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Speech by An Taoiseach, Leo Varadkar following his meeting with European Commission Chief Negotiator Michel Barnier

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This morning I am very happy to welcome Michel Barnier back to Dublin and also to congratulate him on his reappointment as the EU’s negotiator with the UK.  In this next phase of Brexit, the second half of Brexit you might say, Michel will be focussed on reaching a new comprehensive partnership, including a

free trade agreement, between the European Union and the UK. 

We discussed what a new partnership with the UK might look like and what it will include, knowing that the window of opportunity to negotiate is in fact very short.

The UK will leave the EU at the end of this week. I welcome the fact that Michel has said that he is ready to begin work on the future EU-UK relationship as soon as possible after that.    

We both agreed that it is essential to get this right and to create the best possible framework for working and cooperating with our close neighbour and friend, the UK.  

We discussed some of the particular challenges of Brexit for Ireland in this next phase of negotiations – fishing, agriculture, exporters, the landbridge, aviation, haulage, universities – the list is long. Also the fact that the British and Irish economies are intertwined, and our unique history and geography as a nation. 

I asked Michel, as our negotiator, to continue to look out for our interests in this next phase of Brexit, as he has done to date.  This includes protecting the EU single market, which is of ever-greater importance to our economy here in Ireland.

I told Michel that I was very ambitious about the future EU-UK relationship but that hand in hand with that ambition there has to be realism. We need to start a new relationship between the EU and the UK on a firm and honest footing, and that means a level playing field.  This is very much in Ireland’s interests as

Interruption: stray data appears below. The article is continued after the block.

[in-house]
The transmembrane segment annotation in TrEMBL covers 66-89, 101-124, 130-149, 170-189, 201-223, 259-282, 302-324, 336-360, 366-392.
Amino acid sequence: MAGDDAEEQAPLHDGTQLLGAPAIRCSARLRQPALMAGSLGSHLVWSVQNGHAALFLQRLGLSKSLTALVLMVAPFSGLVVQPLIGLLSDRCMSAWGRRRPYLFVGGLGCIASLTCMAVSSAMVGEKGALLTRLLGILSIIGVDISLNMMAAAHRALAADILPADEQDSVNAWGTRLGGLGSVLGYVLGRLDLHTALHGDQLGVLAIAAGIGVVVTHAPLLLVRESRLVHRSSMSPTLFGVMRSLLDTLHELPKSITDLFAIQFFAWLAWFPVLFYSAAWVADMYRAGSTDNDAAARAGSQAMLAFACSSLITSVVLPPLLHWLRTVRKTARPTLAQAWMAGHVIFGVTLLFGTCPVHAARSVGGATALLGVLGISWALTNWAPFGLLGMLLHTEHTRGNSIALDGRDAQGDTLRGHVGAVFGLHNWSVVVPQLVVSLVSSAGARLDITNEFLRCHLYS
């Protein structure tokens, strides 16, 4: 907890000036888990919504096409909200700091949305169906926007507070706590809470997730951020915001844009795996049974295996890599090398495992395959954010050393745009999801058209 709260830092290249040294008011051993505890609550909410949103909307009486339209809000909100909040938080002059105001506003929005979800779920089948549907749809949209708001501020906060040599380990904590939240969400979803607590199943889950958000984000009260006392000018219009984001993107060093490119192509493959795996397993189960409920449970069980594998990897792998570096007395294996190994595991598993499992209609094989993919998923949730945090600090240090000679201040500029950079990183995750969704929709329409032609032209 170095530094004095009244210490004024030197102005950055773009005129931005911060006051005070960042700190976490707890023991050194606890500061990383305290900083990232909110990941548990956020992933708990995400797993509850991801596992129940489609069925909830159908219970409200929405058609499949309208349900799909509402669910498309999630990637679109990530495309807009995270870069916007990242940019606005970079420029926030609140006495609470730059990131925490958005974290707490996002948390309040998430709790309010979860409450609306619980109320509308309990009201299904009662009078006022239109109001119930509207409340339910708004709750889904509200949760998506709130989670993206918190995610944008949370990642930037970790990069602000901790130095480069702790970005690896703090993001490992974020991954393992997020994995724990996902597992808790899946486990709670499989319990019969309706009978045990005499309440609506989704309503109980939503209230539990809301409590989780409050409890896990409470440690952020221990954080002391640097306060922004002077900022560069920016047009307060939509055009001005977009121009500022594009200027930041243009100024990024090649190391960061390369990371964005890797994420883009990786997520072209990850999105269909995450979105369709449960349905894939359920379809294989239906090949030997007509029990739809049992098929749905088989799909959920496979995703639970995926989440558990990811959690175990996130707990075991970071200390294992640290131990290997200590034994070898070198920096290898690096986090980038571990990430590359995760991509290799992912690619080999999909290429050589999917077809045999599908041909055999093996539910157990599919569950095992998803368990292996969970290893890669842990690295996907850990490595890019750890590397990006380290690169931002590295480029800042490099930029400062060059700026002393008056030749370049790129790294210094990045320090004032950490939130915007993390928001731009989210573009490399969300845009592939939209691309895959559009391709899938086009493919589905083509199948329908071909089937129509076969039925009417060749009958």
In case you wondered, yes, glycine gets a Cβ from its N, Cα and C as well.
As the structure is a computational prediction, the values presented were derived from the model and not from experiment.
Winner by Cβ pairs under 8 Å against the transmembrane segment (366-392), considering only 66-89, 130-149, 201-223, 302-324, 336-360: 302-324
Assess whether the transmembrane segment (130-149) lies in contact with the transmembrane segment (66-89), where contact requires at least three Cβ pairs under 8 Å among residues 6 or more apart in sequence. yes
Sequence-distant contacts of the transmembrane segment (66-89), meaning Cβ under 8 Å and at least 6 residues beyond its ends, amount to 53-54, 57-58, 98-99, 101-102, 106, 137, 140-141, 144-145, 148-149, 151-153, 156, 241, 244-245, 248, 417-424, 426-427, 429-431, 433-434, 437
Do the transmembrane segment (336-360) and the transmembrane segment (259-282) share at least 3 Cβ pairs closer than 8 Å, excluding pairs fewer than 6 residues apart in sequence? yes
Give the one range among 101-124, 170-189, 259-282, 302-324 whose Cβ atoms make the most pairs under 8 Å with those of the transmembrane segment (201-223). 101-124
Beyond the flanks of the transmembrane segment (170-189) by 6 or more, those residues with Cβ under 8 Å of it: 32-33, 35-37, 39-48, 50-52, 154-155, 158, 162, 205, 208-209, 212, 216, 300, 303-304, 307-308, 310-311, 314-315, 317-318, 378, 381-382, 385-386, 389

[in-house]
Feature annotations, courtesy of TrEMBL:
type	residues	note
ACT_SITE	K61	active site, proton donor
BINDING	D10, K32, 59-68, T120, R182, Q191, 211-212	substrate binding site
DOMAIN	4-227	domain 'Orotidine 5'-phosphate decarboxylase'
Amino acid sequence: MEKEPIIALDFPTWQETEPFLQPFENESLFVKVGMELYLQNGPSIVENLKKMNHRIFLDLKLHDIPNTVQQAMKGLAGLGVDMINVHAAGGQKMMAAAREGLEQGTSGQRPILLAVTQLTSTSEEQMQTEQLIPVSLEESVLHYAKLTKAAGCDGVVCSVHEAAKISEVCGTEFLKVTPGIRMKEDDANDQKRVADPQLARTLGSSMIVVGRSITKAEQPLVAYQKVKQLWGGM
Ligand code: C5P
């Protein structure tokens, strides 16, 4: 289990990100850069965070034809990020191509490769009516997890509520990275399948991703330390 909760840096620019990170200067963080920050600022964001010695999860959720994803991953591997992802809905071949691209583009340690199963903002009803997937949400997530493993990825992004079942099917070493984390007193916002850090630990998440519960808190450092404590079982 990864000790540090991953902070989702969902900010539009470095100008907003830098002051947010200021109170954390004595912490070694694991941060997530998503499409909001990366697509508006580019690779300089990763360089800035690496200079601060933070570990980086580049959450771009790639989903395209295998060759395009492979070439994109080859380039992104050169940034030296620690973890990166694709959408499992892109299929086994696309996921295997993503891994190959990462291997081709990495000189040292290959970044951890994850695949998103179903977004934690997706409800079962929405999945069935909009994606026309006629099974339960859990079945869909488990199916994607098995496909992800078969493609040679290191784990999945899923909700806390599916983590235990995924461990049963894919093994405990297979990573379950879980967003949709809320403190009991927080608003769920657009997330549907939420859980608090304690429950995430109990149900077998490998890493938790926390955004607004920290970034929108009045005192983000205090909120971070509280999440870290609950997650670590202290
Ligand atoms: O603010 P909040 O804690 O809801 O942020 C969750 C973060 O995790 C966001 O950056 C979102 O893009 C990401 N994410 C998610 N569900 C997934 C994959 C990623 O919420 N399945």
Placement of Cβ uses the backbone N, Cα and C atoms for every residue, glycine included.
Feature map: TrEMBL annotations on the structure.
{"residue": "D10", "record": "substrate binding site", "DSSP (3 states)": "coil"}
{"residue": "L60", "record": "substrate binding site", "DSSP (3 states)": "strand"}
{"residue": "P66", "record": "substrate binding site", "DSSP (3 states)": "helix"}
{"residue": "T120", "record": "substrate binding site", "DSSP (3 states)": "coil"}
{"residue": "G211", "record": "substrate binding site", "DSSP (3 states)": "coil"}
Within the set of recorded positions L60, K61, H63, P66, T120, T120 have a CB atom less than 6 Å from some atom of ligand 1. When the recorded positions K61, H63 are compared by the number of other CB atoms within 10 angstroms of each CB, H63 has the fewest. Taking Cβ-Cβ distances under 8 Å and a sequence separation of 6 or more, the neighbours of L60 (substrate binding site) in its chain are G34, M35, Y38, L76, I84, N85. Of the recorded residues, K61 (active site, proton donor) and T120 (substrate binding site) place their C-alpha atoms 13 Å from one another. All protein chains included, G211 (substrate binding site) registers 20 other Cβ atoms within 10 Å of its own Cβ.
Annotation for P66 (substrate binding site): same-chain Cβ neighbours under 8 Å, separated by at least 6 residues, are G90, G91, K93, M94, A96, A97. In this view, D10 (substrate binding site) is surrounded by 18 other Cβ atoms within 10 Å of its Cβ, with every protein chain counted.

well as that of the European Union as a whole.  I know that he shares this view.

Michel will also be overseeing the implementation of the Withdrawal Agreement which we negotiated last year.  I took the opportunity once again to thank him for the fantastic and unswerving solidarity with Ireland. We know in Ireland that solidarity has to go in both directions. So during this next phase of Brexit

Ireland will be on team 27, part of team EU, and we’ll stick together with other Member States during the course of these negotiations.

We also welcomed the fact that the Northern Ireland Executive and Assembly had been restored and I’m really pleased that Michel will be travelling north after this for some engagements.

Michel understood from very early on that ensuring an orderly UK exit meant protecting the peace process and the Good Friday Agreement.  The Withdrawal Agreement meets that objective. 

On February 1st the people of Ireland will wake up to a new day. There will be no hard border between the North and South, the Common Travel Area will remain in place, and the rights of citizens’ will be protected. There will be a transition period allowing us time to negotiate a new partnership with the United Kingdom.

It is going to be very challenging. Time is short. And the negotiating mandate will be agreed at the European council in March. But we’re up for it. And we agreed that it’s as important as ever that we enter the next phase united and in a positive spirit. And we do.

On Friday, the UK is leaving the European Union. We’ll say goodbye to an old friend embarking on an adventure. We hope it works out for them. But if it does not there will always be a seat kept for them at the table.